In addition to the person-environment fit model (J. R. French, R. D. Caplan, & R. V. Harrison, 1982) and the demand-control model (R. A. Karasek & T. Theorell, 1990), a third theoretical concept is proposed to assess adverse health effects of stressful experience at work: the effort-reward imbalance model. The focus of this model is on reciprocity of exchange in occupational life where high-cost/low-gain conditions are considered particularly stressful. Variables measuring low reward in terms of low status control (e.g., lack of promotion prospects, job insecurity) in association with high extrinsic (e.g., work pressure) or intrinsic (personal coping pattern, e.g., high need for control) effort independently predict new cardiovascular events in a prospective study on blue-collar men. Furthermore, these variables partly explain prevalence of cardiovascular risk factors (hypertension, atherogenic lipids) in 2 independent studies. Studying adverse health effects of high-effort/low-reward conditions seems well justified, especially in view of recent developments of the labor market.
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            Psychological Well-being: Evidence Regarding its Causes and Consequences

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              The Copenhagen Psychosocial Questionnaire--a tool for the assessment and improvement of the psychosocial work environment.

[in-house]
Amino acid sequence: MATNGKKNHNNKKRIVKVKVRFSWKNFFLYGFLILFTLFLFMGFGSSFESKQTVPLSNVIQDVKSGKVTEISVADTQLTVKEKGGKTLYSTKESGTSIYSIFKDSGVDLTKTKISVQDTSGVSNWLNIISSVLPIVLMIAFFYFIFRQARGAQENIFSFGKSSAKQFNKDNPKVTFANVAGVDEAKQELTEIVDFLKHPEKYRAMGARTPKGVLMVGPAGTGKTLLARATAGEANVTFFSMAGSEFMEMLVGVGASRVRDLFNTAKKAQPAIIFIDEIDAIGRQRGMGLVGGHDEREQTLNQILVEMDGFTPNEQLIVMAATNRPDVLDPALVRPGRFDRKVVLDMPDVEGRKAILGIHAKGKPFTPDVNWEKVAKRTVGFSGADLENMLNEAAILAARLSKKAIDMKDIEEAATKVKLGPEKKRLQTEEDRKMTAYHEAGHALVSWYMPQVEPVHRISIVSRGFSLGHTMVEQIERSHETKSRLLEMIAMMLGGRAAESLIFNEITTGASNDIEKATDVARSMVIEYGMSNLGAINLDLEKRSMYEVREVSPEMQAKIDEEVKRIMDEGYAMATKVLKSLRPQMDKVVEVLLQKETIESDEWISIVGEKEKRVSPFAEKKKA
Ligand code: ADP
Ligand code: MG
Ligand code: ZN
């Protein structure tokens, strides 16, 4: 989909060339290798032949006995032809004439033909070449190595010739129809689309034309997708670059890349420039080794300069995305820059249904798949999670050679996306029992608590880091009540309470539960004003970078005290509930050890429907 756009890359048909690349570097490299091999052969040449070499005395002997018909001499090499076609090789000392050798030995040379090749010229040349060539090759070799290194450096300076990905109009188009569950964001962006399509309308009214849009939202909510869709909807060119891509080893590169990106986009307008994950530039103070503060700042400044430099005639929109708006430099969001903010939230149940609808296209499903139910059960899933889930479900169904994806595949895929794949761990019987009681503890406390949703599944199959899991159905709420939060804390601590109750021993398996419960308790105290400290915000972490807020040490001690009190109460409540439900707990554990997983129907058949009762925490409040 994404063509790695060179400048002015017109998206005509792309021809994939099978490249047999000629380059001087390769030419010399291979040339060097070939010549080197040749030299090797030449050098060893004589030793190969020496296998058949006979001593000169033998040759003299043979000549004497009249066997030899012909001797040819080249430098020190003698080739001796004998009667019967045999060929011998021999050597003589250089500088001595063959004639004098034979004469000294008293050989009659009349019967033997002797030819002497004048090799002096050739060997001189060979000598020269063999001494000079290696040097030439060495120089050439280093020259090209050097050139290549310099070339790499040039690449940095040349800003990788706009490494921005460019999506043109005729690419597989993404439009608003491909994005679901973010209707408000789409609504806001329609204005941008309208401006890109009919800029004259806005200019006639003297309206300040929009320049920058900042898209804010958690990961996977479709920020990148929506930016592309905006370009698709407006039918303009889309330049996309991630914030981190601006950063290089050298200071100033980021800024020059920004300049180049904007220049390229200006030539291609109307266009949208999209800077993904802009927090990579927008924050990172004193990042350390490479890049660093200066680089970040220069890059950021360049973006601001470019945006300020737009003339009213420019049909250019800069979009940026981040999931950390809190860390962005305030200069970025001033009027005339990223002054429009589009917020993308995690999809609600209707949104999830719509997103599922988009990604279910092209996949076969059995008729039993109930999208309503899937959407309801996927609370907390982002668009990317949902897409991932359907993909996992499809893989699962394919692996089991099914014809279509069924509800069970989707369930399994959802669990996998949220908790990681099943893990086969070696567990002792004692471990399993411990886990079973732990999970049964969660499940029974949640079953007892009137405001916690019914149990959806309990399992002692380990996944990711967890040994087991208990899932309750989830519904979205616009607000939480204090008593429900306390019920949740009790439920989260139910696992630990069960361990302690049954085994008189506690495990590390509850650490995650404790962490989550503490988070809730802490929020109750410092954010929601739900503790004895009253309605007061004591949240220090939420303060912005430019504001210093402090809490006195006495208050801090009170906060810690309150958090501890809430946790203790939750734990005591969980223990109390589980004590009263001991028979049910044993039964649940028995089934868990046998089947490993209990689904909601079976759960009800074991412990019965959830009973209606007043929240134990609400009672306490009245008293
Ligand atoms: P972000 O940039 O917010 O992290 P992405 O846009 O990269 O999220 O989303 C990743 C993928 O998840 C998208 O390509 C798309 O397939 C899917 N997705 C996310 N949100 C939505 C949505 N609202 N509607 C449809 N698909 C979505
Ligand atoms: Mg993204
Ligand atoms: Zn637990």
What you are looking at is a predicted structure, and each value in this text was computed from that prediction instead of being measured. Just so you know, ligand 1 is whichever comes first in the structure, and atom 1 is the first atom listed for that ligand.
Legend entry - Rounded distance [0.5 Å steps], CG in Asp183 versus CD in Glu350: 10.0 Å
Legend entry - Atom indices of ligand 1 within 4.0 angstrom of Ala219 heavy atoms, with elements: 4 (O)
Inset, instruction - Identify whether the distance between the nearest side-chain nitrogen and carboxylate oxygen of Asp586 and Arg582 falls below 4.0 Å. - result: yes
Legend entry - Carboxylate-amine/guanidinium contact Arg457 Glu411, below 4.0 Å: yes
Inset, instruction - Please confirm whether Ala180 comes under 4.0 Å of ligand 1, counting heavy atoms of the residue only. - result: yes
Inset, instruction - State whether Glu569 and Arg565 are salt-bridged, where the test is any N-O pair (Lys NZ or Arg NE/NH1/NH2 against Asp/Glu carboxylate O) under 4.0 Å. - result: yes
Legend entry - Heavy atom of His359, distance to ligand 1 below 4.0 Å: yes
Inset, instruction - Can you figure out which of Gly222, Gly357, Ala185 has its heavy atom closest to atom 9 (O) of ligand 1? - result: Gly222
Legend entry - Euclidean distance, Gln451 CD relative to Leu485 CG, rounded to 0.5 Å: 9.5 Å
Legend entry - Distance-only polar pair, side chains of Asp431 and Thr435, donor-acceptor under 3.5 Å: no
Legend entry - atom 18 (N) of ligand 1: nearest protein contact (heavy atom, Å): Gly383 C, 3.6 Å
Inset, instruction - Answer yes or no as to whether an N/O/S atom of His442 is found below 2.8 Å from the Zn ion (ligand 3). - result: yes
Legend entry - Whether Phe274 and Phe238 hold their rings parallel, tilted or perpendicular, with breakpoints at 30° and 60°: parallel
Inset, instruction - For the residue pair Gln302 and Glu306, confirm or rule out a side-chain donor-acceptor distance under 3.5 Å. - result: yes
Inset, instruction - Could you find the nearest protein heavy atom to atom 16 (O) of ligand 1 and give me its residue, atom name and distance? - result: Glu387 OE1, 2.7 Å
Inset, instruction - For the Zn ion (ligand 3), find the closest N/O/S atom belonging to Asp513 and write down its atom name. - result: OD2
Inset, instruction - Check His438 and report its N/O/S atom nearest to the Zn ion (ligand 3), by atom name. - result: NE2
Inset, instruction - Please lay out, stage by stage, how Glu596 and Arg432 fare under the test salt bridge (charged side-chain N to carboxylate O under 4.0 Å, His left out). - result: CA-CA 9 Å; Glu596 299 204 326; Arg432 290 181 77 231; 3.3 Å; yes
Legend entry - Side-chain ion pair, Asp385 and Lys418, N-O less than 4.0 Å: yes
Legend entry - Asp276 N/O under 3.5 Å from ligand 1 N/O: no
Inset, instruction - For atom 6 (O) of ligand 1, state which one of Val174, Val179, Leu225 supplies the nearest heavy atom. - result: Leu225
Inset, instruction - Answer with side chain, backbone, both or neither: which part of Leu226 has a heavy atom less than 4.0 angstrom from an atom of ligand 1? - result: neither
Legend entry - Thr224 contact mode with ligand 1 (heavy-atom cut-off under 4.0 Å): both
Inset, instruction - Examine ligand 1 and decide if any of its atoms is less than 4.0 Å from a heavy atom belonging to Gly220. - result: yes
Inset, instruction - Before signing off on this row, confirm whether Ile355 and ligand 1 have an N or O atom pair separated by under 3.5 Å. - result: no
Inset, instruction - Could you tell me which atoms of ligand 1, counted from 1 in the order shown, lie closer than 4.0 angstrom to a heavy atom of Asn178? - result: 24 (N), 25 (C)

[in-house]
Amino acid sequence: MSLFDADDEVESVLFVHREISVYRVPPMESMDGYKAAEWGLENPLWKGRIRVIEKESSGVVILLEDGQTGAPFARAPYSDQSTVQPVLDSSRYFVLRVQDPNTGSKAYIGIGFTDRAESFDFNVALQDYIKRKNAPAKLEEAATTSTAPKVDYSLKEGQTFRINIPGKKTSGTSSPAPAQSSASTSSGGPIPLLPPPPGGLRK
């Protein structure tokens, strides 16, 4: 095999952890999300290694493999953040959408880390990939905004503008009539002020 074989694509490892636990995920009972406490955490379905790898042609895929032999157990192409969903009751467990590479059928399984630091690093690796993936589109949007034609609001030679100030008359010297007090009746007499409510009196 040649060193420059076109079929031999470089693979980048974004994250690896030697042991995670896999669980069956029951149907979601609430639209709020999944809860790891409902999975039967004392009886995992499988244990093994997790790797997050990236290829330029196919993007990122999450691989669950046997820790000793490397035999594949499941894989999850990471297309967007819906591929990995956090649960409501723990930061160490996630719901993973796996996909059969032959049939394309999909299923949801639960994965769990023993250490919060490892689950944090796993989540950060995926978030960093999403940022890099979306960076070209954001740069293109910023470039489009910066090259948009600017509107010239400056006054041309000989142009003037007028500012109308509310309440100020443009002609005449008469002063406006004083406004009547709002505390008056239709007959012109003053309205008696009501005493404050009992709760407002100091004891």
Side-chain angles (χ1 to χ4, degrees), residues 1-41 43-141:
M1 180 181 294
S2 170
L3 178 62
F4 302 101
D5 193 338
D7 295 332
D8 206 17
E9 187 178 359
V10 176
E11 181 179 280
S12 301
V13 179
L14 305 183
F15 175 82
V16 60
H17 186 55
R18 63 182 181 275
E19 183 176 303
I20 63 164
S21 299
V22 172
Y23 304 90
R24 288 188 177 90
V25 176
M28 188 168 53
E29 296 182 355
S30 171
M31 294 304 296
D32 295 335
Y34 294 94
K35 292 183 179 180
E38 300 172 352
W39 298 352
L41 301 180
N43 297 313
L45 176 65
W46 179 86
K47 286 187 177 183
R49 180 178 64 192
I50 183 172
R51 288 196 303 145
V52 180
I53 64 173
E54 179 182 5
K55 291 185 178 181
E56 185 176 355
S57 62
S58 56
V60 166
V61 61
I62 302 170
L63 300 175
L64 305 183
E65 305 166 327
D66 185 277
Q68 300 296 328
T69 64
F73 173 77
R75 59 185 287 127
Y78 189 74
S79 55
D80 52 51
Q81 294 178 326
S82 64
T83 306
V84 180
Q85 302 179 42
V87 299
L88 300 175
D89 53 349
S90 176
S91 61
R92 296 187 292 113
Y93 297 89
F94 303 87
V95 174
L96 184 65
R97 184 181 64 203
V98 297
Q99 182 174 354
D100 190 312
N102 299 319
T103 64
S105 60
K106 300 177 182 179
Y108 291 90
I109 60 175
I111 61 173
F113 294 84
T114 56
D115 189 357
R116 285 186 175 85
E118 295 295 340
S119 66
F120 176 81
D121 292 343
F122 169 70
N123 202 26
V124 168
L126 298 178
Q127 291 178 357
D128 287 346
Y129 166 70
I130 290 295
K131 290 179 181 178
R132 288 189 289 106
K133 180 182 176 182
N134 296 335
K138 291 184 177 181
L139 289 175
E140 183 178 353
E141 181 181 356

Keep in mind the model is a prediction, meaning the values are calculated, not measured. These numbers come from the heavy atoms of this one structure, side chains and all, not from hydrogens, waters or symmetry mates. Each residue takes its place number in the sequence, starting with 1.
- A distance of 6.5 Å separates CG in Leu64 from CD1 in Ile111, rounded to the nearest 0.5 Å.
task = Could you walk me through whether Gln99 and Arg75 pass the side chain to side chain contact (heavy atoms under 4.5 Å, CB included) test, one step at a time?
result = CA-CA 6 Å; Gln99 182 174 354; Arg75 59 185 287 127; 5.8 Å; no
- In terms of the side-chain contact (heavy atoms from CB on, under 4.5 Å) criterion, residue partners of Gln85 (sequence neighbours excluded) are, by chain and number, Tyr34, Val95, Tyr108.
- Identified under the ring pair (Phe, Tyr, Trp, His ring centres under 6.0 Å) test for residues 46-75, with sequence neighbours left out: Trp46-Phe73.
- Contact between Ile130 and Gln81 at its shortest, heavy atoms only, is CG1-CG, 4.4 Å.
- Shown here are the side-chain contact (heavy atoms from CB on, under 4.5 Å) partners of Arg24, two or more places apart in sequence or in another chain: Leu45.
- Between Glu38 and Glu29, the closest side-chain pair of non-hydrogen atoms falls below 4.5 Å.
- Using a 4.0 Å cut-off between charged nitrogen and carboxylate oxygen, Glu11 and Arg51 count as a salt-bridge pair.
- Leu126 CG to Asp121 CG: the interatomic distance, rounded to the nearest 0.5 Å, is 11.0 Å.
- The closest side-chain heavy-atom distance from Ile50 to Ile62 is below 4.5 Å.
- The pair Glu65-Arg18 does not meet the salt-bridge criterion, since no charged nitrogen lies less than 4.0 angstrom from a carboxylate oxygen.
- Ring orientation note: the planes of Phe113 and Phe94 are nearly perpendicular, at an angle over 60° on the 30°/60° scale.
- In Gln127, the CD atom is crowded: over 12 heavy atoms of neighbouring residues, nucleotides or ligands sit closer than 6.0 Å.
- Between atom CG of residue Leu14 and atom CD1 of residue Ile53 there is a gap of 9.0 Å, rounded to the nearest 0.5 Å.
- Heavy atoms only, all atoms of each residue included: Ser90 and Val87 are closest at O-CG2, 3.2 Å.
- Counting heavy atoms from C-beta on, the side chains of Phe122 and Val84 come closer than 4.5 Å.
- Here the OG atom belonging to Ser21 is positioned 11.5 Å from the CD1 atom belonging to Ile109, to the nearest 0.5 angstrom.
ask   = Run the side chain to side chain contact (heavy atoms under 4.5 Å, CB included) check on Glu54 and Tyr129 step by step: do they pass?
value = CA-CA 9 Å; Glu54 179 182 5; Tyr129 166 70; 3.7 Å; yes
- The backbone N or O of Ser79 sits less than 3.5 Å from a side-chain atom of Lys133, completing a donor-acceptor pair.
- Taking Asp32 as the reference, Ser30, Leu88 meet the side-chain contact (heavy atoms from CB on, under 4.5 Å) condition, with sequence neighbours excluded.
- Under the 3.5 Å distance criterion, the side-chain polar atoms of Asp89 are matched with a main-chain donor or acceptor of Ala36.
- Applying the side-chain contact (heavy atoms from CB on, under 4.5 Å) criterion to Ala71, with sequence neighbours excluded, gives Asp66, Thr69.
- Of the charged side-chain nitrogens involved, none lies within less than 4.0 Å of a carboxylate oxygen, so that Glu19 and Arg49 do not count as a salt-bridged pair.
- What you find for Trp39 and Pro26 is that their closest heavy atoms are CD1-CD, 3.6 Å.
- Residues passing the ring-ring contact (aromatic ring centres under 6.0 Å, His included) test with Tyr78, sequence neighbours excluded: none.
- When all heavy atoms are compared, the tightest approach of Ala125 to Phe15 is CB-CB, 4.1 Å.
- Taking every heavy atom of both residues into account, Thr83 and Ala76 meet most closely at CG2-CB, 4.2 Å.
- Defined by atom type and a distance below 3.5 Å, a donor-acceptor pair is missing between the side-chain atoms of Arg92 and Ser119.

The aim of this article is to present the Copenhagen Psychosocial Questionnaire (COPSOQ), a questionnaire developed in three different lengths for assessing psychosocial factors at work, stress, and the well-being of employees and some personality factors. The purpose of the COPSOQ concept is to improve and facilitate research, as well as practical interventions at workplaces. The development of the questionnaire was based on a survey of a representative sample of 1858 Danish employees aged 20-59 years. The response rate was 62%; 49% were women. Altogether 145 questions from some international and Danish questionnaires and 20 self-developed questions were tested with factor analyses, analyses of internal reliability, and analyses of response patterns. The analyses resulted in a long research version of the questionnaire with 141 questions and 30 dimensions, a medium-length version for work environment professionals with 95 questions and 26 dimensions, and a short version for workplaces with 44 questions and 8 dimensions. Most of the scales have good reliability, and there seems to be very little overlap between the scales. A novel feature of the COPSOQ is the development of five different scales on demands at work. The COPSOQ concept is a valid and reliable tool for workplace surveys, analytic research, interventions, and international comparisons. The questionnaire seems to be comprehensive and to include most of the relevant dimensions according to several important theories on psychosocial factors at work. The three versions facilitate communication between researchers, work environment professionals, and workplaces.